Lot 9
  • 9


40,000 - 60,000 EUR
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  • Virgin and Child
  • Oil on panel 
  • 40 x 31,3 cm; 15 3/4   by 12 1/4   in.


Private collection since mid-19th century, Belgium.


A l’œil nu : Le tableau a plus de profondeur que dans la reproduction photographique du catalogue. Le tableau se présente dans un état de conservation très satisfaisant. Il est peint sur un panneau de chêne d’une planche non parquetée. Le panneau est biseauté sur 3 de ses côtés. Nous remarquons deux pièces en bois servant de renforcement dans le coin inférieur droit probablement en raison d’une ancienne fente. A la lumière rasante, nous remarquons de jolis empattements. De plus, on remarque un réseau de craquelures fines et serrées. De très légers repeints sont visibles au niveau de la joue droite. La matière picturale semble bien préservée. A la lampe U.V. : On remarque les délicates reprises au niveau des craquelures, au niveau de la joue, mais aussi dans le cou, à droite. Le contour de la chevelure de la Vierge et du menton de l’Enfant ont été délicatement repris. Vendu dans un cadre moderne de style ancien. With the naked eye: The actual painting shows more depth than appears in the catalogue’s illustration. The painting seems to be in a very good condition overall. It is painted on a single piece of oak panel which is not cradled. The panel is bevelled on three edges. We see two wooden batons attached to the reverse which are probably used to protect the panel from an old crack located in the lower-right edge. Observed with raking light, we notice fine impastos and a nice network of small tight cracks. Some minor retouching is visible on the right cheek. The painted surface seems to be well preserved. Inspection underneath U.V. light: We notice some minor retouching on the craquelures, the cheek, and also on the right of the neck. The contour of the Virgin’s hair and the Child’s chin seems to have been carefully restored. Sold with a modern frame of an ancient style.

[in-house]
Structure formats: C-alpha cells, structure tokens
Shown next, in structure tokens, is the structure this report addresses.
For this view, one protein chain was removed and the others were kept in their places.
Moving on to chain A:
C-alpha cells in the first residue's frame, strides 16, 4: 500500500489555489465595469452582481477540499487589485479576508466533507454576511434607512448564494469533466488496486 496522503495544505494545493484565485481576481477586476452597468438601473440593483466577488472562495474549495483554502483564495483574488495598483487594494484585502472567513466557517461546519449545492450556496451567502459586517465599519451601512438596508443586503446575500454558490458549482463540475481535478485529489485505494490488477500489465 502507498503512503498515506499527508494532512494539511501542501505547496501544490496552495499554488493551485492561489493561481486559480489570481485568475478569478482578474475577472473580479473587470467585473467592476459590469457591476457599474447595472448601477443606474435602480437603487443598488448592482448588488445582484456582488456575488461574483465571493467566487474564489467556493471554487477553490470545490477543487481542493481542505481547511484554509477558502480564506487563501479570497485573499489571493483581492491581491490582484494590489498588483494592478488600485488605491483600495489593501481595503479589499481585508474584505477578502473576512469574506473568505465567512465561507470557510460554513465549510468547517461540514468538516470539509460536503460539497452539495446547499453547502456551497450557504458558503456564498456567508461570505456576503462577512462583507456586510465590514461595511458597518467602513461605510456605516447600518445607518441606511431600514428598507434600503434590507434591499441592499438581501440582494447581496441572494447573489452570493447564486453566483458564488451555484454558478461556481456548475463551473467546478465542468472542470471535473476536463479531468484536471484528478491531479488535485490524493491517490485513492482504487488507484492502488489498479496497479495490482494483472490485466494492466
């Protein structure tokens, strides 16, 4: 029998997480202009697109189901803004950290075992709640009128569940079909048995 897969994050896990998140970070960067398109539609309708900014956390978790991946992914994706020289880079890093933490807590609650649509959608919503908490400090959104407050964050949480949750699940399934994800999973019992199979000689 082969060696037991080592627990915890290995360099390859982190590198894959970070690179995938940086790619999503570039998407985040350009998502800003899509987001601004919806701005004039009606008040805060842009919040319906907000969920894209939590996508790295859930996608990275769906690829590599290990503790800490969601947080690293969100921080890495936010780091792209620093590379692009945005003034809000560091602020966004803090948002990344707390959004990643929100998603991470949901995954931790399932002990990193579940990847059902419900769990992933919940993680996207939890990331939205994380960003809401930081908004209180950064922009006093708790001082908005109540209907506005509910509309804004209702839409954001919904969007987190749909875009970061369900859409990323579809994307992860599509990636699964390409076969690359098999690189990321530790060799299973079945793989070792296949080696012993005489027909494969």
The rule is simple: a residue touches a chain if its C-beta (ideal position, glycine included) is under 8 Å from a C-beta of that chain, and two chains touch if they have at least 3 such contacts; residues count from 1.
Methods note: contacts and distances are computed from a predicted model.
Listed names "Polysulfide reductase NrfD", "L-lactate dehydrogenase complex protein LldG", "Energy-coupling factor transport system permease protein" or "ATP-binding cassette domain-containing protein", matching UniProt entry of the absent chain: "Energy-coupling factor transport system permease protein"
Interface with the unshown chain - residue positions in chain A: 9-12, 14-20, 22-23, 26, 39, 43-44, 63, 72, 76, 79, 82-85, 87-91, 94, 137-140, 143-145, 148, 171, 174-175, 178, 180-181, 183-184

"In response to your inquiry, we are pleased to provide you with a general report of the condition of the property described above. Since we are not professional conservators or restorers, we urge you to consult with a restorer or conservator of your choice who will be better able to provide a detailed, professional report. Prospective buyers should inspect each lot to satisfy themselves as to condition and must understand that any statement made by Sotheby's is merely a subjective, qualified opinion. Prospective buyers should also refer to any Important Notices regarding this sale, which are printed in the Sale Catalogue.

Catalogue Note